The scent of damp earth underfoot permeates the air. I step into this spectacular garden and am immediately presented with a sea of dazzling dahlias in every colour you could imagine. The sky is overcast but the quiet dull clouds overhead only enhance the startling colours.

Now in its fourth year, Aylett’s famous home-grown dahlia field and celebration garden were originally created to the celebrate its 60th year of business back in 2015. Open from June to December every year, it has become part of the National Garden Scheme, with over sixty species of dahlias putting on a show. I’d never realised that Aylett’s has been growing and nurturing dahlias for the past 60 years and, unsurprisingly, has won over fifty Gold RHS medals over the years.

The dahlias have been neatly arranged in rows, displaying sixty dahlia plant varieties in total. It’s fascinating how just one species of flower can offer so many rich forms of colour and size, from perfectly spherical pompoms flushed in powder pinks to robust, star-shaped ‘Arabian nights’ in the deepest burgundy. Everywhere I look, dahlias flower prolifically. Resilient, thick petals unfurl in every shade imaginable, some reaching more than ten inches in diameter.

I walk up and down, in between the rows, my head spinning with every shade from lemon, ivory, and peachy pinks to dazzling darker tones of fuchsias and purples. Countless elaborate names like Irish glow, Ms Kennedy and Glorie Van Heemsted match their glamorous ruffles. I stop and stare at a dahlia with a collarette; it almost looks as if has been artificially embellished to create a wow factor and would make the perfect red taffeta dress finished in frills and lace. Fashion designers are endlessly inspired by the intricacies of such floral colours, textures, shapes and forms.

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The history of the dahlia dates from Aztec times and to this day it remains the national flower of Mexico. The first seeds were sent to Spain in the 18th Century and eventually to England. It was considered to be an exotic flower. Dahlias have the longest bloom season of any other garden flower. They flower prolifically, thriving in the sunlight and need plenty of room to develop and to be sheltered from strong winds. I’m relieved that they have survived the recent blazing heat we had in early August.

I wander deeper along a grassy path and wind my way through this beautiful celebration garden, with its mixed borders packed with shrubs, perennials, herbaceous plants and wildflowers. A mix of contrasting colour upon colour awakens my senses. A spectacle of shapes and harmonious colour combinations. Ornamental grasses enhance the floral spectacle, adding a sense of lushness and movement. I stand beside a giant purple thistle, rugged textured and tough. It’s so tall that it towers over me! It has a strong presence and nothing’s going to stop this thriving species from bursting into life.

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This beautifully complex garden plan has been designed by Mrs. Aylett. I can imagine all of the hard work that has gone into this stunning space that has been so expertly cultivated. It is a labour of love, a gift to our community where all are welcome to linger on a bench or come and have a picnic.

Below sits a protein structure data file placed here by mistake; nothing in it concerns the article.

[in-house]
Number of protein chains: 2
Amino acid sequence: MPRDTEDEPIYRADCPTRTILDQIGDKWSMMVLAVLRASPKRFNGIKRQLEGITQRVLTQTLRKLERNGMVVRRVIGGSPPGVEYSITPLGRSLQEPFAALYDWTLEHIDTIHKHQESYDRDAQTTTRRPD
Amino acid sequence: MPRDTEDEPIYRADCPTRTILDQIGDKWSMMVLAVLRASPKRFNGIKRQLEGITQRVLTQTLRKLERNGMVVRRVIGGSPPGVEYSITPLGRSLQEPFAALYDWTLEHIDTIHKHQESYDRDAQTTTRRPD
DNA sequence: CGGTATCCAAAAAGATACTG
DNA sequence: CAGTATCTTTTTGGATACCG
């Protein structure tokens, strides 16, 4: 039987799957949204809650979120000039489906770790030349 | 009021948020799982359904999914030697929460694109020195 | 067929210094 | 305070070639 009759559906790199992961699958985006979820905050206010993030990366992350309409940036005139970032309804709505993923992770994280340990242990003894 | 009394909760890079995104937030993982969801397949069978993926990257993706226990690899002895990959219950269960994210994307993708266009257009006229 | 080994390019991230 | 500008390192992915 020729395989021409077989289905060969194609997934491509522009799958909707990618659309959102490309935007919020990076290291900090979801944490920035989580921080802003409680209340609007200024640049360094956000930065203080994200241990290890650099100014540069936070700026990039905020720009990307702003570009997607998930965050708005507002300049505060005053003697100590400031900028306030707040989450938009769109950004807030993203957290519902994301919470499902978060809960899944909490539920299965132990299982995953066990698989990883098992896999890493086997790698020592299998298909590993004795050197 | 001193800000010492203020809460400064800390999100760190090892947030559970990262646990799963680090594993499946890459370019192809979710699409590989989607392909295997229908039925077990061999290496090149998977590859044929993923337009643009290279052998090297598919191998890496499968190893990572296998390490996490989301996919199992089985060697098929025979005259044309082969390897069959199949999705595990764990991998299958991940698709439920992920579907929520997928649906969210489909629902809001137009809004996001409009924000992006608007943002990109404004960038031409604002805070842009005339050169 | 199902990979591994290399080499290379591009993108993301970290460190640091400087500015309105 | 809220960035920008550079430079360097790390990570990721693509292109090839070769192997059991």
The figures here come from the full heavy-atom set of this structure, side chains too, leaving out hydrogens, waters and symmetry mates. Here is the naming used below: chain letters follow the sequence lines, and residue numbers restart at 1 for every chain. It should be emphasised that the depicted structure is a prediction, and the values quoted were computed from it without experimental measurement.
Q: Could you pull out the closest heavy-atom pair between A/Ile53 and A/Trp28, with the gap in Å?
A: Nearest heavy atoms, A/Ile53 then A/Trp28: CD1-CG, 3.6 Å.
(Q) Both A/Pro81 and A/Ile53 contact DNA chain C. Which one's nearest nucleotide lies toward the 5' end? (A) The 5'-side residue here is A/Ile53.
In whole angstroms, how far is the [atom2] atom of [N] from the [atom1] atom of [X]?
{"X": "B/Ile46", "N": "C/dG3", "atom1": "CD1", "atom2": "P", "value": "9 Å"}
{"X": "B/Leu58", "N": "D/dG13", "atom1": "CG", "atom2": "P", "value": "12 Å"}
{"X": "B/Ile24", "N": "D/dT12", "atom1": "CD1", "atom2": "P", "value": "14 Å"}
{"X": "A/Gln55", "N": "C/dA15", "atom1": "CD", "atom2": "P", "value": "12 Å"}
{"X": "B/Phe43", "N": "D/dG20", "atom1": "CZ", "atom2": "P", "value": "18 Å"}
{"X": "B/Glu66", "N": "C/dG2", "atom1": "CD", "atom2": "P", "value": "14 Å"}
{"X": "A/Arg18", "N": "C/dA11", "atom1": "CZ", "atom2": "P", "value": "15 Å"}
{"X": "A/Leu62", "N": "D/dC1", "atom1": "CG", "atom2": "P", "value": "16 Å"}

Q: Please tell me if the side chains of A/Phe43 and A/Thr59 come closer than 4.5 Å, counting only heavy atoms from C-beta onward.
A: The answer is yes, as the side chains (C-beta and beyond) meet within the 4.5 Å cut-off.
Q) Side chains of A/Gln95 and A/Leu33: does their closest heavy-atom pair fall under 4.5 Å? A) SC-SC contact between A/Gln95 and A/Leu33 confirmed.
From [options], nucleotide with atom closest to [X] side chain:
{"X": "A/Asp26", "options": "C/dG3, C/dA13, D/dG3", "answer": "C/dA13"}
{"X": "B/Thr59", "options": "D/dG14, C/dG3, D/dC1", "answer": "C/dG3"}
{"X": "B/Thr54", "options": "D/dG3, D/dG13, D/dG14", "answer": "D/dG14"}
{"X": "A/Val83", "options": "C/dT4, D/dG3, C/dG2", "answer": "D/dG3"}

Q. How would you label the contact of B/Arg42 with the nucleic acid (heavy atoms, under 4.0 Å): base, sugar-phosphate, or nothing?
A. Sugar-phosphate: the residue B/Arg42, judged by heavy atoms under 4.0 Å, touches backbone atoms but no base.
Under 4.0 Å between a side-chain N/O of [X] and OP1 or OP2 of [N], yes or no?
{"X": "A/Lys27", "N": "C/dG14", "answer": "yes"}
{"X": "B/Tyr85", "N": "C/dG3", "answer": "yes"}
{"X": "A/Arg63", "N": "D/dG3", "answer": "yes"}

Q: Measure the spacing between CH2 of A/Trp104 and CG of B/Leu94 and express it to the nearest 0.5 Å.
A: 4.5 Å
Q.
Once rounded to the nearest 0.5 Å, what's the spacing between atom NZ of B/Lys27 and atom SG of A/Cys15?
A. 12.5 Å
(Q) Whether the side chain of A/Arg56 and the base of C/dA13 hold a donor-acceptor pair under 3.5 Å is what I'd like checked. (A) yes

Arranging plants in a harmonious and ordered way is an art form following on from the traditional Renaissance and later the Elizabethan gardens. By the 17th Century the flower garden was already established here in England. Characteristics included tea houses and small bridges. This led to the informality of the quintessentially English cottage garden, with its richly scented and jumbled charm, dense with flowers, herbs and fruit trees.

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Stepping into any garden twice is never the same experience. The seasons march on in a sophisticated dance. We gain sustenance from nature’s continual regeneration. Gardens allow us to connect with a physical space, taking us out of our mental self-absorption. Yet it is not merely a distraction but depicts a seasonal narrative of which we are part.

Gardens have always been a place of refuge, shelter and repose. In her book Life in the Garden ­— part memoir, part exploration of literary gardens ­— Penelope Lively expresses her “abiding astonishment at the fury for growth at the tenacity of plant life, at the unstoppable dictation of the seasons” and contemplates “their resonance, the power of smell…. their ability to summon up another time, another place”.

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How remote from the city I feel. I have enjoyed my solitary stroll into this hidden garden. It has been a refuge. A delight in colour, form and scent. It is so beautifully designed that I have not daydreamed or engaged in idle thoughts for a single moment. The best gardens have an oneiric quality to them which captures us on some subliminal level and engages us with a world that extends beyond itself. Such gardens do not distract us in a superficial way but lift our mood, evoke memories, make us feel part of a planet and of that seasonal regeneration of which we are an inherent part – a narrative that supports us and carries on and on.

  • Marisa Laycock moved to St Albans in 2000. She enjoys sharing her experiences of living in the city. These columns are also available as podcasts from 92.6FM Radio Verulam at .